Vedic Texts: A Revision is an outcome of the work of preparing critical editions of Vedic Texts, being carried out by various Vedic Scholars in India. this Volume consisting of the specimens of the forthcoming critical editions of Vedic Texts is presented to Prof. C. G. Kashikar on the occasion of his eightieth birth anniversary, as a tribute of respectful gratitude to him for his profound scholarship in the filed of Vedic ritualistic studies. The Volume consists of specimens of eight Vedic texts, namely Maitrayant Samhita, Gopatha Brahmana, Aitareya Aranyaka, Baudhayana Srautasutra, Spastamba Srautsutra, Satyasadha Srautasutra, Manava Srautasutra and Kausikasutra. The scholars to whom the revision of these eight works has been assigned are already quite familiar with these respective works, and conversant with the necessary modus operandi. The Volume also includes a Foreword by Prof. R. N. Dandekar, a biographical sketch, biodata, and bibliography of books and select articles of Prof. C. G. Kashikar.
Prof. C. G. Kashikar is one of the few scholars in recent times, who have made outstanding contribution towards the understanding of the literature and practice of Vedic ritual. Born in 1910 at Satara, Maharashtra State, Prof. Kashikar did his post-graduation in Sanskrit from the Tilak Maharashtra Vidyapeeth, Pune, in 1934. The University of Poona awarded him D. Litt. in 1966, for his outstanding work, Sutras of Bharadvaja. He worked in various institutes, namely, Vaidika Samsodhana Mandala, University of Poona, Deccan College and Tilak Maharashtra Vidyapeeth in various capacities and held important position – educational and administrative as well. There are eighteen works and over a hundred research articles to his credit. Besides Vedic studies, his works on Ayurveda are also well – appreciated by scholars. He has guided six students for their Ph. D. Recently he has been honoured by the President of India with an award for his scholarship in Sanskrit language and literature. Prof. Kashikar is presently working as Hon. Professor and the Chief Editor of Vedic Concordance Project of Tilak Maharashtra Vidyapeeth, Pune.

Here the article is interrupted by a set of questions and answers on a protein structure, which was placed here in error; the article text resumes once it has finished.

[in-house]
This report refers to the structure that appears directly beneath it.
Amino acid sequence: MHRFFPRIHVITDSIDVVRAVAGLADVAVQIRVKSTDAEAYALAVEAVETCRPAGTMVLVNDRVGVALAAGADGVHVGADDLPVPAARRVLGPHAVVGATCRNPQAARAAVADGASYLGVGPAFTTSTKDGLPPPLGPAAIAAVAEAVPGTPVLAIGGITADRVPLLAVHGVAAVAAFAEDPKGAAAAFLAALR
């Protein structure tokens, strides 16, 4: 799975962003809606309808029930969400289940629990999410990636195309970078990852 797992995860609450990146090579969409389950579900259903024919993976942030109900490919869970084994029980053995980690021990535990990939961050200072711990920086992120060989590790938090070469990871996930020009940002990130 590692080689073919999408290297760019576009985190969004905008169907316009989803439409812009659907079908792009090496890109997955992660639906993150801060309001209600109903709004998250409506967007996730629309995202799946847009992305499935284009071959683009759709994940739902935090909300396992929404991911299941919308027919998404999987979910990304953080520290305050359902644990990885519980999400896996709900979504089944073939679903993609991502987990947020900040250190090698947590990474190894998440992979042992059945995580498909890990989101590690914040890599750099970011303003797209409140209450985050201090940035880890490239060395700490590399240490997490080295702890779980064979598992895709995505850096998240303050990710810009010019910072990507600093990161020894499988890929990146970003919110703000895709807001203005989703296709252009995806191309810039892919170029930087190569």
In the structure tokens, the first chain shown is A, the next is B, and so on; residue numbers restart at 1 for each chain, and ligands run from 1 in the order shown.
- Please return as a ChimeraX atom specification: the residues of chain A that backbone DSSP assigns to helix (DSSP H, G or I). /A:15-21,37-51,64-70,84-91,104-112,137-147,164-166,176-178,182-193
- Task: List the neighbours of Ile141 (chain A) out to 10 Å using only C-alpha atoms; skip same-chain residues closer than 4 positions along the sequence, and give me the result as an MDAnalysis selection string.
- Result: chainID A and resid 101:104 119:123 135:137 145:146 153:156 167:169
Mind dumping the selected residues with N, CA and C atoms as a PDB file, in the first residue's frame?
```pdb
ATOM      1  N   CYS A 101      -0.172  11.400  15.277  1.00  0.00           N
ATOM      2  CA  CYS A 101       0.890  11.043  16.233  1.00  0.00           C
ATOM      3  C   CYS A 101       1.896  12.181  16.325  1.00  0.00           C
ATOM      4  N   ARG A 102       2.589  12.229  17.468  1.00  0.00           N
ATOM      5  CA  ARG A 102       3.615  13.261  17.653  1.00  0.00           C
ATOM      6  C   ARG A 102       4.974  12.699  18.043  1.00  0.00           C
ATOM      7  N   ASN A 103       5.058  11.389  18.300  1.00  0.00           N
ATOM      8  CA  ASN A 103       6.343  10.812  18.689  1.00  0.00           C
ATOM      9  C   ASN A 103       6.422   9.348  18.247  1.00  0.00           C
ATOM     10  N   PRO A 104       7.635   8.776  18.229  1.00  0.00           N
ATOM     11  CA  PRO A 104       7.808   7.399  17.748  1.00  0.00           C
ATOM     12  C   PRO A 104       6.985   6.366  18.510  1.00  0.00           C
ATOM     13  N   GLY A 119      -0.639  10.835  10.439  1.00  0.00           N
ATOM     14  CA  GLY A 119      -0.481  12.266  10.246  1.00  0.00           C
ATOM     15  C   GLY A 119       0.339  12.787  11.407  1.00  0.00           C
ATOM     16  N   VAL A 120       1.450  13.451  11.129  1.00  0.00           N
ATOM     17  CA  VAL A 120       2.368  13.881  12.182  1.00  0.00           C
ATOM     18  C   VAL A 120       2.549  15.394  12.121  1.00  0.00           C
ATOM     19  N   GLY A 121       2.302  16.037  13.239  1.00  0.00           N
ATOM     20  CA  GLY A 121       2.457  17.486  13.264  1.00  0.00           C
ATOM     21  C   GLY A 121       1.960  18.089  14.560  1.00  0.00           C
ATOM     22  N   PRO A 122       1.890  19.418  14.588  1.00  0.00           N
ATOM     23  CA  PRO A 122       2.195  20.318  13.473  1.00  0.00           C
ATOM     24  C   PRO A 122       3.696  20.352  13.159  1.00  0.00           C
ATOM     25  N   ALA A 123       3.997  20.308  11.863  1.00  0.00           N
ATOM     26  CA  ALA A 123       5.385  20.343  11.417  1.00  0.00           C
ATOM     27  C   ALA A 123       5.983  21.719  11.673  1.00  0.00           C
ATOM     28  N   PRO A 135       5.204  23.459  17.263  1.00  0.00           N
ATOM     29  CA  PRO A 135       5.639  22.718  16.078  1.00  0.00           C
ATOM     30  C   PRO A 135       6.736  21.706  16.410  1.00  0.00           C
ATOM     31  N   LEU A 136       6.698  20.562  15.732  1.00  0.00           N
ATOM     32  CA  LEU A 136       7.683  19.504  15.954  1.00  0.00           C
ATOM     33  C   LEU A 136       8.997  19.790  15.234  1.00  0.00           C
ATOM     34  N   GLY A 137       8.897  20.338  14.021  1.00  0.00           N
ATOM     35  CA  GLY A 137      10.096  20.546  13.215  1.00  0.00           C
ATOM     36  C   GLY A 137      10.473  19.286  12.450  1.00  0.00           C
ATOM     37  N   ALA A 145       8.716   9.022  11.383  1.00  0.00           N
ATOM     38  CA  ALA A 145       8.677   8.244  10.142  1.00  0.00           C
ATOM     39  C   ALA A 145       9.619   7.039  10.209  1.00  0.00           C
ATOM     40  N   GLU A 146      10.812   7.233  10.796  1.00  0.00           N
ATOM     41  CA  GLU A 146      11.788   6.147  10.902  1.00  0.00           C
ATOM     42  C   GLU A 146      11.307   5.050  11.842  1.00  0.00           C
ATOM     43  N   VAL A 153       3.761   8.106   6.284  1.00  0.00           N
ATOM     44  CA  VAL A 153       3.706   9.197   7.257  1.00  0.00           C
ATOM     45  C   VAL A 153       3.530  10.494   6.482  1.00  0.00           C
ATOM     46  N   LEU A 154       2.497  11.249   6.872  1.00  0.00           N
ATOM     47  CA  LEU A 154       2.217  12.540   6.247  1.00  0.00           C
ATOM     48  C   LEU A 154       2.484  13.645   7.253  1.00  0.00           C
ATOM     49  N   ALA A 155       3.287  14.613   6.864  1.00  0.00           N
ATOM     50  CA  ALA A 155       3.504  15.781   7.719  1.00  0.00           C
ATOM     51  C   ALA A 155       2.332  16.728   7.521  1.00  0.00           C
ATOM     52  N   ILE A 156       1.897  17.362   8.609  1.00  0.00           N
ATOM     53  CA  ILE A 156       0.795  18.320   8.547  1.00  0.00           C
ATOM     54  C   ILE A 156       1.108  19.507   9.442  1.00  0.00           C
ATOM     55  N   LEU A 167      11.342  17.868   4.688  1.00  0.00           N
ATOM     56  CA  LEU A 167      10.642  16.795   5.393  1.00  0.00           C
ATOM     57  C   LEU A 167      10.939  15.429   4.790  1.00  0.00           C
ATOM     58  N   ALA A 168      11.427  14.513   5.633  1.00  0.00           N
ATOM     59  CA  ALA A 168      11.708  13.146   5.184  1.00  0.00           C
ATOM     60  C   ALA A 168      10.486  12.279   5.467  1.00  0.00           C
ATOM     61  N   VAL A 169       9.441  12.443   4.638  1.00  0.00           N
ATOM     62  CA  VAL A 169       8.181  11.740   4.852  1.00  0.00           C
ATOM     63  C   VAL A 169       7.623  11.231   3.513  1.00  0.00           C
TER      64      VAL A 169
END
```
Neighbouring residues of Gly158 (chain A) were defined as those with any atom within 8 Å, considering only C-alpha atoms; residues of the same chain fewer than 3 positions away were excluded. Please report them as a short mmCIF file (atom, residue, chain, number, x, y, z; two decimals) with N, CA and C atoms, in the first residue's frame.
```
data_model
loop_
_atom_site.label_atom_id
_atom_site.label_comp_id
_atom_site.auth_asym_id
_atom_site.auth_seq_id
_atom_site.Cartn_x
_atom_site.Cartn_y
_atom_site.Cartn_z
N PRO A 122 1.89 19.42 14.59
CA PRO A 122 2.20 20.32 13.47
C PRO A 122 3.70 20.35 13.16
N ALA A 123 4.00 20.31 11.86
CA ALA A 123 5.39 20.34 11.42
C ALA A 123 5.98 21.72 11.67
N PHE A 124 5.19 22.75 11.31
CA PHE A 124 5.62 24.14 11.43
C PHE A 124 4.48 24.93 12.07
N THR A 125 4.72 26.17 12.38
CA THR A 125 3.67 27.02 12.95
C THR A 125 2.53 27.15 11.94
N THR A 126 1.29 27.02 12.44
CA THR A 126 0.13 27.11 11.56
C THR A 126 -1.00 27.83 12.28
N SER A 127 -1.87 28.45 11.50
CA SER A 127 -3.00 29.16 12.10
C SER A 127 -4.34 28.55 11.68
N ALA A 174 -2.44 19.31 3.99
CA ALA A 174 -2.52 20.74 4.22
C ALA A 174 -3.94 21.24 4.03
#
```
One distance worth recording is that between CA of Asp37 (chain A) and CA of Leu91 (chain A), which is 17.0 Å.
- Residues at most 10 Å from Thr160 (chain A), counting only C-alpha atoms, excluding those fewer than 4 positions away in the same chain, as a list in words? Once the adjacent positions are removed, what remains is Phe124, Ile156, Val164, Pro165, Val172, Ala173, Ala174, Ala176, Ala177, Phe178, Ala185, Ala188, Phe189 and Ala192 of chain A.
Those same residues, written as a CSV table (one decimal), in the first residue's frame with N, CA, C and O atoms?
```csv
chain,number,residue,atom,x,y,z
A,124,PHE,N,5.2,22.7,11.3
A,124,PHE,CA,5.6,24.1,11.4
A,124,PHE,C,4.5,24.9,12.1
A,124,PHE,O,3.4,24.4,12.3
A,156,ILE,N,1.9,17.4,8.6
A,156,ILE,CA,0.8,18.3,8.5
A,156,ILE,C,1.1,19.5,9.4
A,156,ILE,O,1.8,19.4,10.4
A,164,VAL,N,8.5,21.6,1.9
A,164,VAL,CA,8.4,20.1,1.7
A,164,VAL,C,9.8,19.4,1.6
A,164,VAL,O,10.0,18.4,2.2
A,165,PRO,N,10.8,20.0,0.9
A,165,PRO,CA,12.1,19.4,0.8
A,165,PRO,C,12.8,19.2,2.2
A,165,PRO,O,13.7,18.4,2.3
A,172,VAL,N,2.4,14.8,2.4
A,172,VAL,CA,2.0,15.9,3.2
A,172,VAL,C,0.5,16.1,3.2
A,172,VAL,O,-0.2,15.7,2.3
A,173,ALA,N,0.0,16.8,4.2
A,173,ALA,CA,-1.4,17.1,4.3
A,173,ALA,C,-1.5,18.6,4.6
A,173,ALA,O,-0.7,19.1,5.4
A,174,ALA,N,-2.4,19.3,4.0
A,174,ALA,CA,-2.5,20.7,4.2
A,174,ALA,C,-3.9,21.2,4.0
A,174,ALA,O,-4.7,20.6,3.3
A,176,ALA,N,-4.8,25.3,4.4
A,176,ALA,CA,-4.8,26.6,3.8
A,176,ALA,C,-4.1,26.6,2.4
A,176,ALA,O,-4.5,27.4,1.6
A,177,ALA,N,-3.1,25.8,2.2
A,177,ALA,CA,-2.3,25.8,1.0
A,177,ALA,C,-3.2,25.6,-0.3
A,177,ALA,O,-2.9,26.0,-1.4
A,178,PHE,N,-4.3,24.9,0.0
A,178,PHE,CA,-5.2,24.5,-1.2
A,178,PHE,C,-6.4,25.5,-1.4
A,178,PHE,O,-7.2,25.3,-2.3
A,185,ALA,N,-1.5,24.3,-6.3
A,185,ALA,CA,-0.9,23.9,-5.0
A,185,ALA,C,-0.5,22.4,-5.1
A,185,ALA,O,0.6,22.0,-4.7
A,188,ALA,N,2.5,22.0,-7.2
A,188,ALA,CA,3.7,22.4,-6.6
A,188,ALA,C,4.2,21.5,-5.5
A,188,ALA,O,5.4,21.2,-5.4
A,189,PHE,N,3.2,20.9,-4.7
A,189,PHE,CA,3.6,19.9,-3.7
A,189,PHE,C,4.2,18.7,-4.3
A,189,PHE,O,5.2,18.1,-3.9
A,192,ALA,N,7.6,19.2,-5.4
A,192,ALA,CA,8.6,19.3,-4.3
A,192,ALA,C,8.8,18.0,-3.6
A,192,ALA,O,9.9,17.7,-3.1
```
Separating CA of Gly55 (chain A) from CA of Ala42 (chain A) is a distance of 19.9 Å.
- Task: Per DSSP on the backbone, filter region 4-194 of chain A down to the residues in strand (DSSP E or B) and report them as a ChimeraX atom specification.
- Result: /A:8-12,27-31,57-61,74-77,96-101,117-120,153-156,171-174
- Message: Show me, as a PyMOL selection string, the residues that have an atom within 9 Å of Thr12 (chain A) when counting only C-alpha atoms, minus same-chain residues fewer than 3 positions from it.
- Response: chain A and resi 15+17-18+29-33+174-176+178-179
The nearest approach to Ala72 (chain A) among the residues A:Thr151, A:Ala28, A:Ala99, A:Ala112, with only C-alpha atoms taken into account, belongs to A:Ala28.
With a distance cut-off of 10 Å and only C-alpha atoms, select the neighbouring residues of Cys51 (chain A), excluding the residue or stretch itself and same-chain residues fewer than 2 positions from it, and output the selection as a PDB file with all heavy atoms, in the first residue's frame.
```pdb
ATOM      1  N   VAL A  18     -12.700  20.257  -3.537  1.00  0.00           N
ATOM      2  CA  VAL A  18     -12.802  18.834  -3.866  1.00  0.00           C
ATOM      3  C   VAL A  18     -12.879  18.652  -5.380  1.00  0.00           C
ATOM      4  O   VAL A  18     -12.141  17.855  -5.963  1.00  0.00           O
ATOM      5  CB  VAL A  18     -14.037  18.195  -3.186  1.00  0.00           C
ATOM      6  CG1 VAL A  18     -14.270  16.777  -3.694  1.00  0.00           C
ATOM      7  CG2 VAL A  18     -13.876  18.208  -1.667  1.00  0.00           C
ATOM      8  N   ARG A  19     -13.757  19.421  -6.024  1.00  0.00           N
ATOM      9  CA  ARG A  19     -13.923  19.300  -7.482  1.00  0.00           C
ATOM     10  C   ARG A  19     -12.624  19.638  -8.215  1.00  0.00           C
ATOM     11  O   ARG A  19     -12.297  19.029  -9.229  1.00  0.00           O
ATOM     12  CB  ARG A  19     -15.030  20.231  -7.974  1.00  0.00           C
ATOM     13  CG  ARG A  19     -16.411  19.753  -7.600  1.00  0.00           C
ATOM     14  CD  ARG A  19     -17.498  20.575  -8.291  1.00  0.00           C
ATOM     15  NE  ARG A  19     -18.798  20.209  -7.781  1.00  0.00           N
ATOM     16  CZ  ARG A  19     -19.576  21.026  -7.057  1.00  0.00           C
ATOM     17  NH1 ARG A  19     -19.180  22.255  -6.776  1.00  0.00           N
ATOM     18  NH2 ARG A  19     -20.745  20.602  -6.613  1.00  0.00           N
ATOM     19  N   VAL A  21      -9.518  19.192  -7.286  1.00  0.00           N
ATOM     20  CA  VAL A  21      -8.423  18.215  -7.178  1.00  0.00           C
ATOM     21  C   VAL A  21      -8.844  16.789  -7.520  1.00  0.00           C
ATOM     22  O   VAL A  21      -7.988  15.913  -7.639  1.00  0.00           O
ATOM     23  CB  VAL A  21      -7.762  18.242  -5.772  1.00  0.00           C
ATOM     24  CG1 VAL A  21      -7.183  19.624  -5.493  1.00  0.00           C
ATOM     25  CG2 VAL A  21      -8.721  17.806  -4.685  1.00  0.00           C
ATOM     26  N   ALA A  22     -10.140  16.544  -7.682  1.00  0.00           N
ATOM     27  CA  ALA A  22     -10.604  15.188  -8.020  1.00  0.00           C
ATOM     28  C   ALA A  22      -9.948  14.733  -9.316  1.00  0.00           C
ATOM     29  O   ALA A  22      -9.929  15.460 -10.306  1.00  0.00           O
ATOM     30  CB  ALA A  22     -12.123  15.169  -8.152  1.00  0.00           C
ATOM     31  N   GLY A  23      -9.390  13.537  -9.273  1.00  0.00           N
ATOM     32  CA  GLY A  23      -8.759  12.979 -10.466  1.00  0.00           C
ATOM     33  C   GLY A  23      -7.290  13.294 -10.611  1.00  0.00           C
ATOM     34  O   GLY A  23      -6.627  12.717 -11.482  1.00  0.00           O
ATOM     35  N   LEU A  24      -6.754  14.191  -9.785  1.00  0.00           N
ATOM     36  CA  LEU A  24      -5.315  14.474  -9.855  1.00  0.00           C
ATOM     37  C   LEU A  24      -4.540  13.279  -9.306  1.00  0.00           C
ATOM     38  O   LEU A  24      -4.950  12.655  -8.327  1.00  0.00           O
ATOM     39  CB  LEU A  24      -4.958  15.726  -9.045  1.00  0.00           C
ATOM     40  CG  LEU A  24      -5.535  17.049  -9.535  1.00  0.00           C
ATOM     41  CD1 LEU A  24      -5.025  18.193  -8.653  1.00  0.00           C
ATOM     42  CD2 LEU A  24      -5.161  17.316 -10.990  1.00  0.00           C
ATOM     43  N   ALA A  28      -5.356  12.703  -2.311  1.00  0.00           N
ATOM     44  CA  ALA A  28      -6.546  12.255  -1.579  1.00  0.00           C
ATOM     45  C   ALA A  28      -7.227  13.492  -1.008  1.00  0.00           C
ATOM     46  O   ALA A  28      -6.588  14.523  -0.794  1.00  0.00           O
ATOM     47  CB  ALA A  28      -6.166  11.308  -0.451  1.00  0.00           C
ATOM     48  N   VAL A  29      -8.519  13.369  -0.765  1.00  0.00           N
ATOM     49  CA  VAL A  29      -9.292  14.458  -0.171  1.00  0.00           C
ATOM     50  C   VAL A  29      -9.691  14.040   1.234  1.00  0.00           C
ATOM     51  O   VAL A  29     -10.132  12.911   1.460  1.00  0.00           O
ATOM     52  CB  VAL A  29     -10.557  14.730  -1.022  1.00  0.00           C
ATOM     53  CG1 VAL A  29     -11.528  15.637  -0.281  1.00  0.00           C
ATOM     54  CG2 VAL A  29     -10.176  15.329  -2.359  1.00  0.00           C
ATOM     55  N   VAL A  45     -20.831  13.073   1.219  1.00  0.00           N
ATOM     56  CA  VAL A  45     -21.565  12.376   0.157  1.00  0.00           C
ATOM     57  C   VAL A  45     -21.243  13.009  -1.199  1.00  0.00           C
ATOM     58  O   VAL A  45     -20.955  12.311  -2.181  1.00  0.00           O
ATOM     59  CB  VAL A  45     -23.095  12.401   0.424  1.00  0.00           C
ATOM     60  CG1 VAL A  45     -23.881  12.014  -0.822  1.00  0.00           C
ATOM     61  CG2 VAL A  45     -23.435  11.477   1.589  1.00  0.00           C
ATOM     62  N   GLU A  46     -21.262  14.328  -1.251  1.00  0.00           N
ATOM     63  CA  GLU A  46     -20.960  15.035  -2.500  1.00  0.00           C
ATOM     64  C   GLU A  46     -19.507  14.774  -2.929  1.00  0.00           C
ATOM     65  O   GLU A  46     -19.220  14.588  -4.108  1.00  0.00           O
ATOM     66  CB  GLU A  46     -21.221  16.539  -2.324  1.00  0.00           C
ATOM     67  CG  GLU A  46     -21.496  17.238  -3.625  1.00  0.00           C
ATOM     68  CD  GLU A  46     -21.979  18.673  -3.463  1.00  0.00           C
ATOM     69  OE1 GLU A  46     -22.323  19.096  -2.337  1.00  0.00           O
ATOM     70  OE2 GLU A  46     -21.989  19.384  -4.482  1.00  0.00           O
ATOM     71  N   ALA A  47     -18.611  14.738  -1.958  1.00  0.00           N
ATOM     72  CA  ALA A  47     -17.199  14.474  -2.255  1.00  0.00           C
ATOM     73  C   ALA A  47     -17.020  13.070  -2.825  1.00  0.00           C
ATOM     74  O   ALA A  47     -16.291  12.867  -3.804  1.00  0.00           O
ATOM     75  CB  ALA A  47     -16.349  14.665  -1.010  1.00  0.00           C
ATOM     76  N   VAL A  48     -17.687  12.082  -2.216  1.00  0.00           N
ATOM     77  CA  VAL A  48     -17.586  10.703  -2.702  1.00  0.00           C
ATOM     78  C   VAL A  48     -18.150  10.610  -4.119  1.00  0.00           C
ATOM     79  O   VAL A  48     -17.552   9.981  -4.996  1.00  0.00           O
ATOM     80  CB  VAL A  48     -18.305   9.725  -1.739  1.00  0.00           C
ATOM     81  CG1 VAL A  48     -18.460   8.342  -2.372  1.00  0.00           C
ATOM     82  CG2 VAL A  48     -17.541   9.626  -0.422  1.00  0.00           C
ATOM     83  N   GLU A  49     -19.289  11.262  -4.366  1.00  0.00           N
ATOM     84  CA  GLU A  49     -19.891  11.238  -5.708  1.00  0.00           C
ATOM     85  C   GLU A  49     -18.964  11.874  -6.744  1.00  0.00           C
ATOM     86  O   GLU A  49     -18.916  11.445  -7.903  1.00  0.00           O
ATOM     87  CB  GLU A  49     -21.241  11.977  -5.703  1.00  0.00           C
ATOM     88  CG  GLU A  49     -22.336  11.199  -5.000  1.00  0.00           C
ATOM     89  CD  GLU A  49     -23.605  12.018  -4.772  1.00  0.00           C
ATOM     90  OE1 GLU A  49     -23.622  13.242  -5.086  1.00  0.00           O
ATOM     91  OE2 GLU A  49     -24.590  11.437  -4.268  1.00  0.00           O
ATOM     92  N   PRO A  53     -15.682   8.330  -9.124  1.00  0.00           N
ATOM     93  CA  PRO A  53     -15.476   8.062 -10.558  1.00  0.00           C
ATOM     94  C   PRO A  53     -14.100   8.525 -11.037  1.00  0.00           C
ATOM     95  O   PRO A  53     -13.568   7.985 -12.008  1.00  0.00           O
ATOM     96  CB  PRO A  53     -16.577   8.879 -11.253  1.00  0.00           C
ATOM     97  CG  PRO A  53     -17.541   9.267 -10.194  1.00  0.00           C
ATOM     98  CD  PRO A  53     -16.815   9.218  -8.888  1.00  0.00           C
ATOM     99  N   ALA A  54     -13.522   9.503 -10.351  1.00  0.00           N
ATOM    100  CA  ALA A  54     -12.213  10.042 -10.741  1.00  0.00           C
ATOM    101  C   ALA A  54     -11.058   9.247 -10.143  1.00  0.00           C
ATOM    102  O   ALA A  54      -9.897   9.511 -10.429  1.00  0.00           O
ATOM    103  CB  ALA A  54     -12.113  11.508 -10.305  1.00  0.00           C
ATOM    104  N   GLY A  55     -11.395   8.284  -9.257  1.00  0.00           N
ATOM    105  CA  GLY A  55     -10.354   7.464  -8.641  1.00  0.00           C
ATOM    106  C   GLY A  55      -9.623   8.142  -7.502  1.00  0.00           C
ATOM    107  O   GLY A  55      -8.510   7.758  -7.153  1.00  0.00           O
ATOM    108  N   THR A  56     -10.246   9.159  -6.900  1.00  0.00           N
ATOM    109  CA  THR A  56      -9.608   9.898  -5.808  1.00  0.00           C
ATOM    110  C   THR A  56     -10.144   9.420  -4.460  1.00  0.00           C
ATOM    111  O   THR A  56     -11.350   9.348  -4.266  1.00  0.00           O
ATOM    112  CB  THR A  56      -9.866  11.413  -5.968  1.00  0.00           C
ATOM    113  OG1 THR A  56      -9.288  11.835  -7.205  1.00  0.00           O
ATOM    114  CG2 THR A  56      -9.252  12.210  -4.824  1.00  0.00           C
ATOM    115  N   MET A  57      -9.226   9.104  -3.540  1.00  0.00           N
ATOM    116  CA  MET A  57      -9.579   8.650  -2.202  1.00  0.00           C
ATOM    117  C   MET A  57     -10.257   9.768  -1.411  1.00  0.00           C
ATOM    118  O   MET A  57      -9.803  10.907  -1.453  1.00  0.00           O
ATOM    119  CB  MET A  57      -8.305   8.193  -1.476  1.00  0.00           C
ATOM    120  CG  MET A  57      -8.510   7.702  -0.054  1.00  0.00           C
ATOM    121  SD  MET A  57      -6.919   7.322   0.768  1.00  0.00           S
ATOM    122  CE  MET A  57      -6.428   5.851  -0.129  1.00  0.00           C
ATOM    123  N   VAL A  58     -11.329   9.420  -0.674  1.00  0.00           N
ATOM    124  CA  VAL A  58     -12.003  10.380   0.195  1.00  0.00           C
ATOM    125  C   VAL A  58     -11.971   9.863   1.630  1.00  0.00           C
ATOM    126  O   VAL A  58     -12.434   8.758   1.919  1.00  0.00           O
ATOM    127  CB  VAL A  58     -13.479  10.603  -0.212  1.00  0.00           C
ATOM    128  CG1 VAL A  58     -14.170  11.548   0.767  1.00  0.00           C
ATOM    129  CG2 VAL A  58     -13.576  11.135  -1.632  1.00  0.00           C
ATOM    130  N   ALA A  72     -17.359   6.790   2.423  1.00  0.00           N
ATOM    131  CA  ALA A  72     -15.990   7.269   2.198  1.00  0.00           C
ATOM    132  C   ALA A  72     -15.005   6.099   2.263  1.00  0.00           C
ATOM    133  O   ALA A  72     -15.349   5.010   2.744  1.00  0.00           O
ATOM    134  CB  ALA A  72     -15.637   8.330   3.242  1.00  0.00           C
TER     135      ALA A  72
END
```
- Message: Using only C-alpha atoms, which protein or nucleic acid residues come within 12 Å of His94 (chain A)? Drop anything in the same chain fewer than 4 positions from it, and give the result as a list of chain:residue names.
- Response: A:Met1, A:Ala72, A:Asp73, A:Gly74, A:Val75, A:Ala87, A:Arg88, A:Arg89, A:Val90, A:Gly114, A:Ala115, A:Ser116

Critically edited texts of Sanskrit works are the sine qua
non of any serious study and research relating to those works.
This dictum, it may be added, holds good particularly in respect of
Vedic works. That is why many Vedists of the earlier generations
regarded the preparation of critical editions as an essential part of
their scholarly activities! Such critical editions have all along
constituted the soundest foundations of the further research-super-
structure. We, therefore, owe it to these revered pioneers to maintain these foundations ever in the best possible repair. This can be
achieved by periodic revisions of those editions with the help of
fresh manuscript (and allied) material and new research techniques
which are steadily becoming available.
The Vedic texts which have been selected for what I hope
will be just the first instalment of revision are important from several points of view.
(1) The three Samhitas of the Krsna-Yajurveda, namely,
Taittiriya, Kathaka (Kapisthala), and Maitrayani, are more or less
closely related to each other, but the Taittiriya school has preserved
its entire literature more extensively and in a far better condition.
The Maitrayani-Samhita, which is often referred to in the manu-
scripts as Maitrayaniya-Manava-Samhita, is mostly similar to the
Kathaka-Samhita from the point of view of contents and the —
mantras, which latter often show readings different from those of
the Taittiriya-Samhita, but it varies from the Kathaka-Samhita in
the matter of mythological details and general presentation of the
text. The Maitrayani-Samhita has a padapatha which proves quite
helpful in the editing of its text.